President Biden took major hits this week, from the Pentagon confirming that a “tragic mistake” led to 10 civilians in Afghanistan dying in a drone strike, to the Food and Drug Administration rejecting his vaccine booster proposal, with much of the news breaking as the president headed to the beach for vacation.
“So the U.S. drone strike did NOT kill any ISIS-K but did kill 10 innocent civilians, including 7 children. Unbelievable. The Biden administration is a sad, tragic mess and an utter embarrassment on the world stage!,” Trump-era White House press secretary and Fox News contributor Kayleigh McEnany tweeted on Friday.
Pentagon admits drone strike killed civilians
U.S. Marine Corps Gen. Kenneth McKenzie, commander of U.S. Central Command, told reporters on Friday that an Aug. 29 drone strike targeting ISIS actually killed 10 civilians in Afghanistan, not terrorists.
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“As the combatant commander, I am fully responsible for this strike and its tragic outcome,” McKenzie said.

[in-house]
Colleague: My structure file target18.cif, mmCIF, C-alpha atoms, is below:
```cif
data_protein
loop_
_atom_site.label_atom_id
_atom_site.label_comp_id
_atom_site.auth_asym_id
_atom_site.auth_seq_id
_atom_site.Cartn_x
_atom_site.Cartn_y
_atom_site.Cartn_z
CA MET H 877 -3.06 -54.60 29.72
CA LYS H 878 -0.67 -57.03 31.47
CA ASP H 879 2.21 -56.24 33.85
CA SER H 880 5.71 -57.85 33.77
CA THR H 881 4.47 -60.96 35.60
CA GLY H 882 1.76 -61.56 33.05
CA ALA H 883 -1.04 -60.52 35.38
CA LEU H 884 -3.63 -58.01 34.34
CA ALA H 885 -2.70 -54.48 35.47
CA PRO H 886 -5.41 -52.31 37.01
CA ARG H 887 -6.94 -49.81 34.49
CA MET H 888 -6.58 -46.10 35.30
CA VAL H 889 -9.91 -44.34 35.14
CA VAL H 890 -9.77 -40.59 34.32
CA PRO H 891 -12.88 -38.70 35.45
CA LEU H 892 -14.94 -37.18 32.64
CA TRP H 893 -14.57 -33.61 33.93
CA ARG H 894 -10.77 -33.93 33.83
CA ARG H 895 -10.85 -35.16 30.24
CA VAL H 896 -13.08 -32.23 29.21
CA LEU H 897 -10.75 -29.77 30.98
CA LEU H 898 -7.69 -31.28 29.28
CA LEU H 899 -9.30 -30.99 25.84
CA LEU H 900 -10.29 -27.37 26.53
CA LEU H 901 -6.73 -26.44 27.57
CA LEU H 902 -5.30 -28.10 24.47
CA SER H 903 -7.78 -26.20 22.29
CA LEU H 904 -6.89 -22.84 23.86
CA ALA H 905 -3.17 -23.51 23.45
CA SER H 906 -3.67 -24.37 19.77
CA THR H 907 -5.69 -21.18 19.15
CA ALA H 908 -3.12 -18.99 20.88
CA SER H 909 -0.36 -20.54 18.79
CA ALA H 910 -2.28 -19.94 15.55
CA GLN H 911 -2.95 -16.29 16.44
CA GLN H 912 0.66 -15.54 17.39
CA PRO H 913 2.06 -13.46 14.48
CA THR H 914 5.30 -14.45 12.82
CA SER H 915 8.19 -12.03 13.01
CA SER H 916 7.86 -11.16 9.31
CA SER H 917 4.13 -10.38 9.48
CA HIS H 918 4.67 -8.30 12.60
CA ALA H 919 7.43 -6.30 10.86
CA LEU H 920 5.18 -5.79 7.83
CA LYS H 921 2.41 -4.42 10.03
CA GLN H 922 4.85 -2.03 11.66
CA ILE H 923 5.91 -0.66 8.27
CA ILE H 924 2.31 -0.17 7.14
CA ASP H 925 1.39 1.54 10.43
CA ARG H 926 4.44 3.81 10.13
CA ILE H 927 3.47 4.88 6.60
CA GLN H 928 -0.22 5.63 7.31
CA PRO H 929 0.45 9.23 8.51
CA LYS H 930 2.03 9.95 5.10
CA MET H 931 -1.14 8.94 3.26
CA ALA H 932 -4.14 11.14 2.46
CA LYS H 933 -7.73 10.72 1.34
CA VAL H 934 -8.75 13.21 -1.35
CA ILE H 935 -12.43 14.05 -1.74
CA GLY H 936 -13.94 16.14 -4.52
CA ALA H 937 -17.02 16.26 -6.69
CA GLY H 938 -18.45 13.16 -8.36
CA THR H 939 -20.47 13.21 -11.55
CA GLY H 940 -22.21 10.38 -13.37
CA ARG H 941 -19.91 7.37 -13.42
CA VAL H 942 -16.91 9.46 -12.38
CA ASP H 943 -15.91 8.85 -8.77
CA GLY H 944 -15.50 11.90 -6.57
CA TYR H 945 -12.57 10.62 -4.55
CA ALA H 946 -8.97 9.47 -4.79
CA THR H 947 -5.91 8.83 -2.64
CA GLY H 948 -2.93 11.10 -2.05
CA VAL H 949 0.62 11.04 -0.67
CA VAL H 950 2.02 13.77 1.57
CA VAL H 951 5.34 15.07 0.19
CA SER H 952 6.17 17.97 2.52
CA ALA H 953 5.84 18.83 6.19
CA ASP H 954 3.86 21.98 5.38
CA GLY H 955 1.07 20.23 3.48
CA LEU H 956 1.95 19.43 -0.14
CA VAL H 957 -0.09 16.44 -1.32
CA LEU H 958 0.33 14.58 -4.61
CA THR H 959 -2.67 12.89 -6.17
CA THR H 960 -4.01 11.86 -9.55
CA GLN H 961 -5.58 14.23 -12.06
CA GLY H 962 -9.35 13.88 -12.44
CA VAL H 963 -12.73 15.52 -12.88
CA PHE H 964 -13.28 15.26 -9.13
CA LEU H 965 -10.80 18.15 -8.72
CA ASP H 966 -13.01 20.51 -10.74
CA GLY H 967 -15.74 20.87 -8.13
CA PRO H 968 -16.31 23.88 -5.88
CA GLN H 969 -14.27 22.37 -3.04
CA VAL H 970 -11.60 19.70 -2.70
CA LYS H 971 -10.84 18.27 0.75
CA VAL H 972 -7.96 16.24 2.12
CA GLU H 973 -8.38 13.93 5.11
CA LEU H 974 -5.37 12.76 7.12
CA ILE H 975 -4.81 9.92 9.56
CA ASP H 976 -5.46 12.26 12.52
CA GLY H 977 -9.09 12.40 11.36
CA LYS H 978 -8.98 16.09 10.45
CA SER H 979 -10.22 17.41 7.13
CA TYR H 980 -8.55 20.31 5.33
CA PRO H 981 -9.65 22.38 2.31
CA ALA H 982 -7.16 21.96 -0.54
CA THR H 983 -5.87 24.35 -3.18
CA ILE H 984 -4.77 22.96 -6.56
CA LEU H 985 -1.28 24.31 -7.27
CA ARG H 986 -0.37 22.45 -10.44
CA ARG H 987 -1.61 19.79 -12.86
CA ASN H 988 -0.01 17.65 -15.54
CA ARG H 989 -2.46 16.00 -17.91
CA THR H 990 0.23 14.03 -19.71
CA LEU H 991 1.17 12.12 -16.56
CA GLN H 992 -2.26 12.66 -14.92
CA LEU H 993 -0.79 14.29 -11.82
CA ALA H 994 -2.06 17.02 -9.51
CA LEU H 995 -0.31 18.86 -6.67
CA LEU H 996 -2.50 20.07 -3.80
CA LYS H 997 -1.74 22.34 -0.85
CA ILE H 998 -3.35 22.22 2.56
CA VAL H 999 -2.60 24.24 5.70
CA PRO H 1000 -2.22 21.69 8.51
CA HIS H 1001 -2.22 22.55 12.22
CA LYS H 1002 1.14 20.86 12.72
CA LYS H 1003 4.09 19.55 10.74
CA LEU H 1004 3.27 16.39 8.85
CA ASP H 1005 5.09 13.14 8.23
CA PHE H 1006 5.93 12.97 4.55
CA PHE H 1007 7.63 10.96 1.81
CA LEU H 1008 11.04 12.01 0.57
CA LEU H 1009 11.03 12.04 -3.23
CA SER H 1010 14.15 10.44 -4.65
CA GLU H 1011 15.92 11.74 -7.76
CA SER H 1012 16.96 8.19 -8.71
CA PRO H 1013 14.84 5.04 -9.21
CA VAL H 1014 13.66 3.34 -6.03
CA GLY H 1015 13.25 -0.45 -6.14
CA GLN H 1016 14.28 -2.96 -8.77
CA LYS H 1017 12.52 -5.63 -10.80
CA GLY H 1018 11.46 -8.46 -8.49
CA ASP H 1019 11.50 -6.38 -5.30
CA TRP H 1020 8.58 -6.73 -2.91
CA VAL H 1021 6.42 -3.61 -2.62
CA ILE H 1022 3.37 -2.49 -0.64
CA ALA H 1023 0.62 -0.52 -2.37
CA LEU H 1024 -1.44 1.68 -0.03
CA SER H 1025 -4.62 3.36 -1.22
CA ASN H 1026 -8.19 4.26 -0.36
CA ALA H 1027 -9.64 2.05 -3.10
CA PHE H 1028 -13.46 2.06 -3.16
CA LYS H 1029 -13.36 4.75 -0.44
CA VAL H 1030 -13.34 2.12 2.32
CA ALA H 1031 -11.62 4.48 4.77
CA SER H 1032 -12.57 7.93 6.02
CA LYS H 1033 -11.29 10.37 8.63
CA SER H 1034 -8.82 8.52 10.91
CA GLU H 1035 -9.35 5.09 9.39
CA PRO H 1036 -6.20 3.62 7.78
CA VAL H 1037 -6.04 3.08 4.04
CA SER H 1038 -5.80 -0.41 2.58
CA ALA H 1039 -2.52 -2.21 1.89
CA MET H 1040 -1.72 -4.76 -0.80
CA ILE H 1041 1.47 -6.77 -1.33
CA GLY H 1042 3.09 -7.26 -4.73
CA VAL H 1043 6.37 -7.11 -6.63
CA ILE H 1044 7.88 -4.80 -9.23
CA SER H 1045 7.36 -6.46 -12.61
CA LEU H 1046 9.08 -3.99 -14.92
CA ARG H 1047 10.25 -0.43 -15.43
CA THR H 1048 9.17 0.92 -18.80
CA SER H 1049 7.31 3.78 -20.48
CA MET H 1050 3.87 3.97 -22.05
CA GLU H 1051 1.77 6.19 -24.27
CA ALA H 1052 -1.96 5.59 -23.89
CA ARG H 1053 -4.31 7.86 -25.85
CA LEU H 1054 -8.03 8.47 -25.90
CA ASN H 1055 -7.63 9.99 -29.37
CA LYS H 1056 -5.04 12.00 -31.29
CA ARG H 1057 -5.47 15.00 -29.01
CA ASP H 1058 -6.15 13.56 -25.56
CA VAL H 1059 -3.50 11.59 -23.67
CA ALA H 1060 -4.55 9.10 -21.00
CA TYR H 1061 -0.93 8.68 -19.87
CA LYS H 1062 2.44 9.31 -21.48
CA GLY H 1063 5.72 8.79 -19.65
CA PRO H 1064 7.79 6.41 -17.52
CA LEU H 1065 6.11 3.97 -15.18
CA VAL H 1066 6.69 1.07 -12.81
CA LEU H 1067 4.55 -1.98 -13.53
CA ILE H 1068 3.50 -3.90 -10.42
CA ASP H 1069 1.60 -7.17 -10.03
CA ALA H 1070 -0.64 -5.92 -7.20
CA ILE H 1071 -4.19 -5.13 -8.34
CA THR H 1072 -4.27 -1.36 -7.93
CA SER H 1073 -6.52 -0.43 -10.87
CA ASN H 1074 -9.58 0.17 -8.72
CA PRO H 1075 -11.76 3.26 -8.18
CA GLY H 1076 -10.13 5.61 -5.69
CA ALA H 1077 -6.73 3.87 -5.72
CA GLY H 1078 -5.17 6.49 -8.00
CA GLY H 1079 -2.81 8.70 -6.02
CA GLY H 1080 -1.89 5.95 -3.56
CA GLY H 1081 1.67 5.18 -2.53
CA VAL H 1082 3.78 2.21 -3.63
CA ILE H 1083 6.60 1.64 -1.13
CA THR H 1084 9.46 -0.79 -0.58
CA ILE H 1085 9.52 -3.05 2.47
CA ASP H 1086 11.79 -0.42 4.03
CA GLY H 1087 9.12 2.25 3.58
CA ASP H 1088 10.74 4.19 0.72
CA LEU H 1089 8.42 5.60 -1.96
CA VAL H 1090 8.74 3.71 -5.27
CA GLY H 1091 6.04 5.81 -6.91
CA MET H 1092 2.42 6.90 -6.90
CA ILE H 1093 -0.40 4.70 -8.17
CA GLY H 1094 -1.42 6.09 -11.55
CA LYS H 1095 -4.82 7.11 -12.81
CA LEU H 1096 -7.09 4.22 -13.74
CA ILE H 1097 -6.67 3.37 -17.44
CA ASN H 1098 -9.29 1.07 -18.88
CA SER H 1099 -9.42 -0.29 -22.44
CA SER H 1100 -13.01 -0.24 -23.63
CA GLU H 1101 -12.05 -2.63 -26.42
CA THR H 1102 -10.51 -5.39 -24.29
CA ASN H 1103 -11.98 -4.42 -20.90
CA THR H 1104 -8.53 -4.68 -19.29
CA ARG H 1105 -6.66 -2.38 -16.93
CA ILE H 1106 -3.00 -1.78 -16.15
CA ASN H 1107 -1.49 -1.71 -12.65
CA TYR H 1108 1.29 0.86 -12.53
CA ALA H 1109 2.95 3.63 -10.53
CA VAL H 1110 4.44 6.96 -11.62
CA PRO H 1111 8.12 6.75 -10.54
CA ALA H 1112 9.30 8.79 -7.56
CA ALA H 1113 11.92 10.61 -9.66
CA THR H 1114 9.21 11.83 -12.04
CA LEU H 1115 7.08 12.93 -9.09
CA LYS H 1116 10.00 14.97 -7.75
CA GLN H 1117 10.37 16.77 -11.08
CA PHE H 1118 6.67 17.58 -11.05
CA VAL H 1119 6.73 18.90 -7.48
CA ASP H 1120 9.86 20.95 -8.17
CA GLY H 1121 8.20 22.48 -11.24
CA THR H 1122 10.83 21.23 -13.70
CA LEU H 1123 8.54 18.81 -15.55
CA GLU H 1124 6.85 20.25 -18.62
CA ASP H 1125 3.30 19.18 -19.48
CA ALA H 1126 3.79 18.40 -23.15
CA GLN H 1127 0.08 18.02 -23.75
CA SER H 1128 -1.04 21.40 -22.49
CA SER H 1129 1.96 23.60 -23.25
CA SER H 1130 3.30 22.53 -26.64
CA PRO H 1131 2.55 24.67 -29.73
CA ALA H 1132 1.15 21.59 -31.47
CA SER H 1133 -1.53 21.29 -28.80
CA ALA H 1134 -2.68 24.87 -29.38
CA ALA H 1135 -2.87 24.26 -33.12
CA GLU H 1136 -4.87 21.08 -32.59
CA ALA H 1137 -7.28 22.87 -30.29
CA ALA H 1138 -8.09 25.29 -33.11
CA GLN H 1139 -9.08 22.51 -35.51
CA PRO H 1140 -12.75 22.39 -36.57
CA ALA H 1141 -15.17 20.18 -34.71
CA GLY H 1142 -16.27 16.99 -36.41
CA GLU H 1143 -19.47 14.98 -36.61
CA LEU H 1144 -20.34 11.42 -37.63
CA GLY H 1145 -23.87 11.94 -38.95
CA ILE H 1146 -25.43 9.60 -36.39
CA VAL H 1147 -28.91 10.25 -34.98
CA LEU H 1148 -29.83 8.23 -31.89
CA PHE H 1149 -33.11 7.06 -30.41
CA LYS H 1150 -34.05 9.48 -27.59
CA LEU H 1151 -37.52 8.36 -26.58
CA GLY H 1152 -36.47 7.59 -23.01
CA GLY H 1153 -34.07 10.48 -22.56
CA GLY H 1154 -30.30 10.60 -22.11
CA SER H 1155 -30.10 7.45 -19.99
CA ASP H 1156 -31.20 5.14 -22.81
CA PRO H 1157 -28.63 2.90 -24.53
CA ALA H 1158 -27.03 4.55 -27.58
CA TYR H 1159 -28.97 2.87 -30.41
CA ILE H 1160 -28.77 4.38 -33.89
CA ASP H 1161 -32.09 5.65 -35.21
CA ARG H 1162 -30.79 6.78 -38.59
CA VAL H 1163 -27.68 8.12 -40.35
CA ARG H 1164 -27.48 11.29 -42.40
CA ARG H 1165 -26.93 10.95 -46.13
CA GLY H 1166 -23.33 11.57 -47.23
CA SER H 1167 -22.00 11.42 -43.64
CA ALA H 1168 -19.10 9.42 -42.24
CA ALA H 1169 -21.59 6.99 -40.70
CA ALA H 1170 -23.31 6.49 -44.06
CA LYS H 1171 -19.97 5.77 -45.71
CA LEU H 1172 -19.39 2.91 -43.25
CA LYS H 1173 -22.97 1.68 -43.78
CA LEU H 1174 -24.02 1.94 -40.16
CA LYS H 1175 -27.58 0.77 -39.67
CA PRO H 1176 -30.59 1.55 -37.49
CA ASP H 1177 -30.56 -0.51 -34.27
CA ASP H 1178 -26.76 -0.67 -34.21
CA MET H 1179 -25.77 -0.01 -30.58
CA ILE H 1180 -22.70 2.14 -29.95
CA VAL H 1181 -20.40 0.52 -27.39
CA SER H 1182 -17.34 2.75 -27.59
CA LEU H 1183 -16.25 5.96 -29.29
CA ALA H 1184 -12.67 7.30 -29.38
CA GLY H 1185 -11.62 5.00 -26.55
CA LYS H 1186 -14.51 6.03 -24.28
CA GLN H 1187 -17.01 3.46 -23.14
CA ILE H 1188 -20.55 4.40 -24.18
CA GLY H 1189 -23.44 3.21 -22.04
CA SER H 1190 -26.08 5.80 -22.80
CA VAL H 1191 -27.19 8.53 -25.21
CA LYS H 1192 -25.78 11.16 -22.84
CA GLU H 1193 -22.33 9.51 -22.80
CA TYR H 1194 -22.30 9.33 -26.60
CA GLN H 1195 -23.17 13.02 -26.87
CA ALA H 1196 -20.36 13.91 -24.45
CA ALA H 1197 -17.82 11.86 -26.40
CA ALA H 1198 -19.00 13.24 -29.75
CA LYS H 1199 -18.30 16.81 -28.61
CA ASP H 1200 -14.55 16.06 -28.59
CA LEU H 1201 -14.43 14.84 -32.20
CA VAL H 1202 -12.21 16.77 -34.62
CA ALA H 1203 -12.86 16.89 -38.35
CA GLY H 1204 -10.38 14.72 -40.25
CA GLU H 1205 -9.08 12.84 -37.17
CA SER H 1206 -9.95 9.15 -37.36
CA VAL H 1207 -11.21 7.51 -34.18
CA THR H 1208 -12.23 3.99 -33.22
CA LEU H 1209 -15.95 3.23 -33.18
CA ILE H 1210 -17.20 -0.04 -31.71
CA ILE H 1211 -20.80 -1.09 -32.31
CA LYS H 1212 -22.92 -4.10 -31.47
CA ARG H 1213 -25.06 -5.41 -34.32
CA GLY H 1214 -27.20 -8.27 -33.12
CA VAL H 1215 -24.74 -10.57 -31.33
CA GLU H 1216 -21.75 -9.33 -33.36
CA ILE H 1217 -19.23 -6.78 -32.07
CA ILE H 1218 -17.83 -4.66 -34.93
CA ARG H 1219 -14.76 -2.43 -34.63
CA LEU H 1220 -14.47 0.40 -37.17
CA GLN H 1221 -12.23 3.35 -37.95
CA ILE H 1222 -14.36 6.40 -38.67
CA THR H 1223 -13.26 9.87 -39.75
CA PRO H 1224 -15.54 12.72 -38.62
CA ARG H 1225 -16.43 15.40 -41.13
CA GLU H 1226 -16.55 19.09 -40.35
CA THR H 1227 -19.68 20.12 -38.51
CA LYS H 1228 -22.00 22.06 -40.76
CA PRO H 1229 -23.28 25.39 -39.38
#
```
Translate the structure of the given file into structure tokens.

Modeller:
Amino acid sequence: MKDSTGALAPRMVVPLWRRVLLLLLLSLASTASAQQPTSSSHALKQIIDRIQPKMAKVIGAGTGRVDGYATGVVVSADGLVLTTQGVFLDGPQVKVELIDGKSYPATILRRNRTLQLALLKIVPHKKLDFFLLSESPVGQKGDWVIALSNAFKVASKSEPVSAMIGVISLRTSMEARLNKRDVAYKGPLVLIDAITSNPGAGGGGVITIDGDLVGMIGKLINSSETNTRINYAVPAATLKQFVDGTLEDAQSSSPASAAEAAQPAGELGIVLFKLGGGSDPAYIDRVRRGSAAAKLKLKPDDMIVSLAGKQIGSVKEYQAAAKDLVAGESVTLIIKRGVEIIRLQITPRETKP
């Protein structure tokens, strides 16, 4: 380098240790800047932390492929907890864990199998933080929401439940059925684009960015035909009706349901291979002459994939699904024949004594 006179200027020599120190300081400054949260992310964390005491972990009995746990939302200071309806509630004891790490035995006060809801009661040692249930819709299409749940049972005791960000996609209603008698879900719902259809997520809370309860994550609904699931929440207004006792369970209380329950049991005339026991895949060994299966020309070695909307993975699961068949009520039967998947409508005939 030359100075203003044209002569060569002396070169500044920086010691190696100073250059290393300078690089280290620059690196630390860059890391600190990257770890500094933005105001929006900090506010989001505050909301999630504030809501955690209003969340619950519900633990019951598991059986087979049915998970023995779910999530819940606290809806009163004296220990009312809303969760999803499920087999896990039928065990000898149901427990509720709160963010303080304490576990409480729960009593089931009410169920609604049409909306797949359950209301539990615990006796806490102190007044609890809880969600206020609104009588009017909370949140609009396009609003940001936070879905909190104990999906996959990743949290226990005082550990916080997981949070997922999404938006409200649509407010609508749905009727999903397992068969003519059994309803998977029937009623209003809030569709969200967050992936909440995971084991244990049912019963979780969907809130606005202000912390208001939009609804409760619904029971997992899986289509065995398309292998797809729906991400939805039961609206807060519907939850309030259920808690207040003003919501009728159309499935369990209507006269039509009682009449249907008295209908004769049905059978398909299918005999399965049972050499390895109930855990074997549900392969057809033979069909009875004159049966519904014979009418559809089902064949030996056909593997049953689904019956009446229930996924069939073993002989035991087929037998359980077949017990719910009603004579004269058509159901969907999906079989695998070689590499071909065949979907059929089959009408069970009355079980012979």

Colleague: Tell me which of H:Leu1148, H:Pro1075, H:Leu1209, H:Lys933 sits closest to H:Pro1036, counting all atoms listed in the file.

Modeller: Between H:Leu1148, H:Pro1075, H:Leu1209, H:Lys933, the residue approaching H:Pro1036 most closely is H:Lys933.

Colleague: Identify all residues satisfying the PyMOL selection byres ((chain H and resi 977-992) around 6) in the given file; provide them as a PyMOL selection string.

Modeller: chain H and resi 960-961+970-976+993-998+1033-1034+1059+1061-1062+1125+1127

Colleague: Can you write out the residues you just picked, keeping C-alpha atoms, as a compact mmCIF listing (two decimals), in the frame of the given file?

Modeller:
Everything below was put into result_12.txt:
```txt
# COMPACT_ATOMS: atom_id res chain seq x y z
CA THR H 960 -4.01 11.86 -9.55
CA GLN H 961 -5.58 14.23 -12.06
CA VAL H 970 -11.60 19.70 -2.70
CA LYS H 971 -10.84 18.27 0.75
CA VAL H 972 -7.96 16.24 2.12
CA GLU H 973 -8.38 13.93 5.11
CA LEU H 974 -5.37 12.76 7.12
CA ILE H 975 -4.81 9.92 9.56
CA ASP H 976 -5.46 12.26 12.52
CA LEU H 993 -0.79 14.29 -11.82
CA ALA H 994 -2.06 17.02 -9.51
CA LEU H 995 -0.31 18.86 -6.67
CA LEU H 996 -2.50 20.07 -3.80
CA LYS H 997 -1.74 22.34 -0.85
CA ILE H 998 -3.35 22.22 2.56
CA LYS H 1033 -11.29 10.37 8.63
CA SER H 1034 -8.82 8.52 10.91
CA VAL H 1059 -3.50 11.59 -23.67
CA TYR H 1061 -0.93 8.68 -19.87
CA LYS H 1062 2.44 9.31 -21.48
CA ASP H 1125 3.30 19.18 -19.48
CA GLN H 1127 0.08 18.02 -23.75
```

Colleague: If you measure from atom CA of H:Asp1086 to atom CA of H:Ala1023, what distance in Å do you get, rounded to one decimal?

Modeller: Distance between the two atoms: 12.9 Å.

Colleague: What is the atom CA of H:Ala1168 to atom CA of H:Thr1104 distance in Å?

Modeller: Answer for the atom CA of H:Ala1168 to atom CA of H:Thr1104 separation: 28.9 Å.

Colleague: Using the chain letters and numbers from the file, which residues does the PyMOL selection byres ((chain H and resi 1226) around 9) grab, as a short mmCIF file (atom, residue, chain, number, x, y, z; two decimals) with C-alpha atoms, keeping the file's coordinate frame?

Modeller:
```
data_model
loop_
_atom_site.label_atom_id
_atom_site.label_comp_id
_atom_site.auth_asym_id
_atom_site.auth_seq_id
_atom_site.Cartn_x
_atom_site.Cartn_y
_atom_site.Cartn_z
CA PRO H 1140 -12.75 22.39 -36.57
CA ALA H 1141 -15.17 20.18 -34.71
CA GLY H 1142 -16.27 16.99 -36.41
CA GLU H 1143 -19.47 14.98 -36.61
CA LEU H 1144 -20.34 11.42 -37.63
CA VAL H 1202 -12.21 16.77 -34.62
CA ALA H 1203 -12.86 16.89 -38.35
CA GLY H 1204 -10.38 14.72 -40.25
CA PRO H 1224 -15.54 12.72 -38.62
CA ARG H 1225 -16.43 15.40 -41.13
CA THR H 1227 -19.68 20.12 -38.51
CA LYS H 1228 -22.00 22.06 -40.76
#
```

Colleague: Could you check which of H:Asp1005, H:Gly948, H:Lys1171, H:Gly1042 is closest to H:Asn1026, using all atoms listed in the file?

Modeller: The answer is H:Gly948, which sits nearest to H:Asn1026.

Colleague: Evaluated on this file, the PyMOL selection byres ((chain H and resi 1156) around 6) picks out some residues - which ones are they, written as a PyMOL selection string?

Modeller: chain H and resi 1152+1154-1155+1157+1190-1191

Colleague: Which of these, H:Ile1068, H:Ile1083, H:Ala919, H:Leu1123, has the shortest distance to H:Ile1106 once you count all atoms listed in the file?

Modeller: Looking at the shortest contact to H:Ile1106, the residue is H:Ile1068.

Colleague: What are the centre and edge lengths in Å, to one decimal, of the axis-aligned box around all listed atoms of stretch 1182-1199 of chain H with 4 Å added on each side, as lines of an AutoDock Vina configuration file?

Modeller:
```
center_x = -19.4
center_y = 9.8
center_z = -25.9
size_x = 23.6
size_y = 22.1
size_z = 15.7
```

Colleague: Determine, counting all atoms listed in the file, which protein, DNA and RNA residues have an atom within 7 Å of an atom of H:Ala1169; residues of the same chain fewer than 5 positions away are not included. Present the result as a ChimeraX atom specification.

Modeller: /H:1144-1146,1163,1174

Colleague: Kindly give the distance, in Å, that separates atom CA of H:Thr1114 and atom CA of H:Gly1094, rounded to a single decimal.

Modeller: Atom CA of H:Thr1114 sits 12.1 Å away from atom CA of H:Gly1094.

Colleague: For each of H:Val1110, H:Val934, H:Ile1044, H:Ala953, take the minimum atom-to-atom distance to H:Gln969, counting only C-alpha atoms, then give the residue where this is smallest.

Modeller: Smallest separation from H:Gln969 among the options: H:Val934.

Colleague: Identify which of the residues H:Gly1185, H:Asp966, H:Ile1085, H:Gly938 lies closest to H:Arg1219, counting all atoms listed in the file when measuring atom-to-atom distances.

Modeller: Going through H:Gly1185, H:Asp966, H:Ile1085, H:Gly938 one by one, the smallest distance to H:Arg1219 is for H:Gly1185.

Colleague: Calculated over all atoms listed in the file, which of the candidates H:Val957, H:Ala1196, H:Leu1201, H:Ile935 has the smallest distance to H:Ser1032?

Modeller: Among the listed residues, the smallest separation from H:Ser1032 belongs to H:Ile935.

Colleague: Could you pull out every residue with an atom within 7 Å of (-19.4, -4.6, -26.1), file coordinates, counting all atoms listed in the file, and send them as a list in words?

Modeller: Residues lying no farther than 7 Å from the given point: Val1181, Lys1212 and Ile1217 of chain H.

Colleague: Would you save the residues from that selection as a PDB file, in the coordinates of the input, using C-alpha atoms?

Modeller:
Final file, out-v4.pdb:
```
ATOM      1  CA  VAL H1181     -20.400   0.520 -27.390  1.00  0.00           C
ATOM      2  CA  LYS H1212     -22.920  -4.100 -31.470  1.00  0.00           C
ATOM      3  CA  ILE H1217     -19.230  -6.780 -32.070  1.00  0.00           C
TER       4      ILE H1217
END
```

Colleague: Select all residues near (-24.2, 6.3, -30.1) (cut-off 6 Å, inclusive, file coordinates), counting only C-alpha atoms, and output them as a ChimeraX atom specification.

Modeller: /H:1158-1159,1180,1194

“I offer my profound condolences to the family and friends of those who were killed,” McKenzie said.
McKenzie’s announcement follows White House press secretary Jen Psaki and others in the administration describing the Aug. 29 drone strike as a success amid the U.S.’s withdrawal from Afghanistan last month.
But now, the White House is facing even more criticisms on its Afghanistan handling, following harsh blowback it already received when 13 U.S. service members were killed in Kabul by a suicide bomber.
But this was far from the only bad news to hit the Biden administration on Friday.
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FDA panel rejects booster shots for general public as pushed by White House
An FDA panel rejected distributing booster shots to the general public, but recommended Pfizer’s booster for high-risk people aged 65 and older after the Biden administration pushed to roll out a booster shot campaign on Sept. 20.
France recalls ambassador after submarine deal
In another foreign policy hit, France pulled its ambassador to the U.S. from Washington, D.C., following the announcement of a pact between Australia, the U.S. and the U.K. to give Australia nuclear-powered submarines in what is seen as an effort to counter China.